CALIBRATING Water Saturation
During coring, moveable hydrocarbons are flushed from the core and replaced by mud filtrate, leaving residual oil and irreducible water. Some of the irreducible water may be replaced by mud filtrate as well. During recovery and transport of the core, the majority of the water will drain out, leaving residual oil and irreducible water. The sum of residual oil saturation plus irreducible water saturation is usually less than 1.0, the balance being the moveable oil saturation. In older reservoirs with many years of production, there may also be some moveable water. This will also be flushed by the mud filtrate. To appreciate the meaning of the core saturations,  it is important to know the history of a reservoir relative to the when the core was cut.

In petrophysical analysis, we utilize the core water saturation as a guide to the irreducible water saturation in a reservoir above the transition zone. In a core, the difference between residual oil and water saturation is usually assumed to be the moveable oil fraction of the reservoir fluids, when the reservoir is at initial conditions. The core water saturation is usully assumed to be close to the irreducible water saturation.

In older reservoirs, no longer at initial conditions,, there may be some moveable water as well as the moveable oil. This can often be seen on the log analysis results depth plots where log analysis saturation is higher than core water saturation. The excess water saturaton is a measure of potential water production.

If corroboration of water saturation is required, air-brine capillary pressures should be taken, along with electrical properties, from at least a dozen core plugs with some variations in porosity or pore geometry. This will resolve the initial irreducible water saturation question. A reservoir simulation history match would be needed to resolve the question of moveable water saturation.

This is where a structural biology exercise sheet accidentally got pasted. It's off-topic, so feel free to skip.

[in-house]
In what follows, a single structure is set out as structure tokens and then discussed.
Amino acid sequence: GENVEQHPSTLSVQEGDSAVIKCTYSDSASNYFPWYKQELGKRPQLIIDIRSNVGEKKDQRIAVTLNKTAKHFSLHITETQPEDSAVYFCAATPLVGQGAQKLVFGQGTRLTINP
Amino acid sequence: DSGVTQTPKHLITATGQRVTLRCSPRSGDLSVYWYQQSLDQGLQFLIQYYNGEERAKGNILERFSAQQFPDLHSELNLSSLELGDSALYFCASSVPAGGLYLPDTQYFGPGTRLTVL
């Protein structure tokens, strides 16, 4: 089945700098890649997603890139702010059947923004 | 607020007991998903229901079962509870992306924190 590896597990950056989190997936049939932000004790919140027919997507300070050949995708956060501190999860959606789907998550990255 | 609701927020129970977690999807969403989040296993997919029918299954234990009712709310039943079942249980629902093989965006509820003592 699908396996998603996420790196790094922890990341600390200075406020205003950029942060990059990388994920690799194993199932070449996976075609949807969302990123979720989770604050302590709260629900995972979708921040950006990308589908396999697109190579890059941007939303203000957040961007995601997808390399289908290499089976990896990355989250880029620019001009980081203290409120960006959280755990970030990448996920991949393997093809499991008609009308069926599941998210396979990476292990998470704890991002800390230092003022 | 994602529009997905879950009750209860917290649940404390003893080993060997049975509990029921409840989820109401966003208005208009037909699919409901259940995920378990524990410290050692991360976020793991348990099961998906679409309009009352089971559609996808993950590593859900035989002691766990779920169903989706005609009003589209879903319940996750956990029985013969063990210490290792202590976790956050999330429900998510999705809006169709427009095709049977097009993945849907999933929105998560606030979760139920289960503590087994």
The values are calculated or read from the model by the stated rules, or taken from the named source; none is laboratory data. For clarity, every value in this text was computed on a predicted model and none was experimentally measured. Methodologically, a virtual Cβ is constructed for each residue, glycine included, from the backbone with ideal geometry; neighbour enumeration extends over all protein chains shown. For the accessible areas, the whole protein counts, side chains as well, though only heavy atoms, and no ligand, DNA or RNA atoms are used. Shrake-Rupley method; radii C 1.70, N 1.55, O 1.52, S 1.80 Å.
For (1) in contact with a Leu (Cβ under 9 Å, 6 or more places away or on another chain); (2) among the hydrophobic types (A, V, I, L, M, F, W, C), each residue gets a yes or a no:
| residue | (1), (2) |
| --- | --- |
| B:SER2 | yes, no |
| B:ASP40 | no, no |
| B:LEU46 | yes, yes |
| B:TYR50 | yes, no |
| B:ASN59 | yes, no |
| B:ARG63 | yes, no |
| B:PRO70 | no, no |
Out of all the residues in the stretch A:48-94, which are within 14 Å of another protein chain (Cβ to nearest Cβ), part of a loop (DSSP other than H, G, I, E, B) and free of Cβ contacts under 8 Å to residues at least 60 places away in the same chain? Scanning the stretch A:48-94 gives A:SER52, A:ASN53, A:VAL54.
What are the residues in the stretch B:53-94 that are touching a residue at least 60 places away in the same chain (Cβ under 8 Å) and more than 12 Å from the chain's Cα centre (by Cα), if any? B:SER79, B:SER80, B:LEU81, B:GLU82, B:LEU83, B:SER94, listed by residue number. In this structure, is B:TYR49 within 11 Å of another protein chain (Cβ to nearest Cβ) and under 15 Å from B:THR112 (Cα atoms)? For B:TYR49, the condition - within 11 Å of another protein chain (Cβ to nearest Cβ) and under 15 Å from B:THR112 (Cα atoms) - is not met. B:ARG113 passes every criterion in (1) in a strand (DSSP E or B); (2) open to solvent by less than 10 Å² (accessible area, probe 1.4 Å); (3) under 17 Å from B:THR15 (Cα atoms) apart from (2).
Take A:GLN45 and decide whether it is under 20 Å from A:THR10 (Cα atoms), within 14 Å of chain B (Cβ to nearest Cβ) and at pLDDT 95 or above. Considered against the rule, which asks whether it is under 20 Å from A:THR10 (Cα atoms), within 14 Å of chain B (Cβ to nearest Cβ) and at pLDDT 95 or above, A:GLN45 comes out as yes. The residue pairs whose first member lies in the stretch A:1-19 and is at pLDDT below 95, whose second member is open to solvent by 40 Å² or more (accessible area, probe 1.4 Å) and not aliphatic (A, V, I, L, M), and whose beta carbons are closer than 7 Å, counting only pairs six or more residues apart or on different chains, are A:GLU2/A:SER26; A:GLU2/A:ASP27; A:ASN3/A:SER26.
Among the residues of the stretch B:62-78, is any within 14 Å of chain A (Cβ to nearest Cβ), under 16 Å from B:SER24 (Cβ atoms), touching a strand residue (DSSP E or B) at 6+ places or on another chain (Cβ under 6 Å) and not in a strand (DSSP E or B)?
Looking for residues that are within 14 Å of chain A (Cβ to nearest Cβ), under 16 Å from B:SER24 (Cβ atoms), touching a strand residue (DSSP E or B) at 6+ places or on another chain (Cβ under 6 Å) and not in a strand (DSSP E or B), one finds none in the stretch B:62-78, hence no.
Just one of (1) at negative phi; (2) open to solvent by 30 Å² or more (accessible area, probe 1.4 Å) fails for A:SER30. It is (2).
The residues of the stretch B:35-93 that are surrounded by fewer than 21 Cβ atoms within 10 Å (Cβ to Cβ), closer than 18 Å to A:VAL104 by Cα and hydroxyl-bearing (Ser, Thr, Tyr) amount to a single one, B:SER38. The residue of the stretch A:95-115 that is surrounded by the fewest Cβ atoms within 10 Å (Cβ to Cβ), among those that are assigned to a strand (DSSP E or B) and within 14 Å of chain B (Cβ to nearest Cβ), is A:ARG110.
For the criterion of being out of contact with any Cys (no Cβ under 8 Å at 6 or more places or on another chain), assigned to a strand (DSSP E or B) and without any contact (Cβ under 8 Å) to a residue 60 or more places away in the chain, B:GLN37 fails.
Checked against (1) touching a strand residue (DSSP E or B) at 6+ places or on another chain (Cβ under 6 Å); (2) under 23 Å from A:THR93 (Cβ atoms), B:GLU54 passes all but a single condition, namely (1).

Cores taken in oil based mud give a better view of irreducible water, as these muds do not displace the water.

The main use for core analysis oil saturation is to estimate minimum possible residual oil saturation, and to assist in locating gas-oil and oil-water contacts. Gas and water zones have low residual oil, unless they were once oil zones (recently or in earlier geologic time). Oil saturation from core analysis is quite useful in tar sand and sometimes in heavy oil evaluations, where flushing is minimal.

These examples demonstrate the close match between log analysis water saturation and core analysis water saturation. It works most of the time, especially with cores cut after the mid 1980's, provided they have been handled according to best practices. If it doesn't work, or doesn't seem to make sense, forget it and move on.

Bakken “Tight Oil” example showing core porosity (black dots), core oil saturation (red dots). core water saturation (blue dots), and permeability (red dots). Note excellent agreement between log analysis and core data. Separation between red dots and blue water saturation curve indicates significant moveable oil, even though water saturation is relatively high. Log analysis porosity is from the complex lithology model and lithology is from a 3-mineral PE-D-N model using quartz, dolomite and pyrite.

Sandstone example (left) and carbonate example (right) showing close match of log analysis and core analysis water saturation. Black dots are core porosity and permeability. Light blue dots are core analysis water saturation, which fall close to log analysis saturation curve (blue). Red dots on sandstone example are residual oil saturation, showing lots of moveable oil between the water curve, even though the water saturations are quite high (due to poor pore geometry).

Moveable Hydrocarbon EXAMPLE
This example shows a comparison of residual oil from core in a depleted zone (M1 interval) and in a bypassed zone (M3 interval). The Sor from core equals (1 - SW) from log analysis, so there is no moveable oil in the M1. The close match suggests that most of the saturation parameters (A, M, N, RW@FT) and porosity are reasonably well calibrated. Since the world abounds with depleted zones (most are well known to the well operators) this test should always be made to confirm SW parameters where ever core data is available.

Computed results for carbonate example. Note higher water saturation on M1 compared to M3. M3 is bypassed pay. M1 is depleted oil. Dots are core data. Note that residual oil on core in M1 matches calculated
Sor = (1 - SW). In M3, Sor on core is less than (1 - SW) from log analysis, so there is moveable oil in
 M3 interval but not in M1. Calibration to core permeability needs more work to get a decent match.

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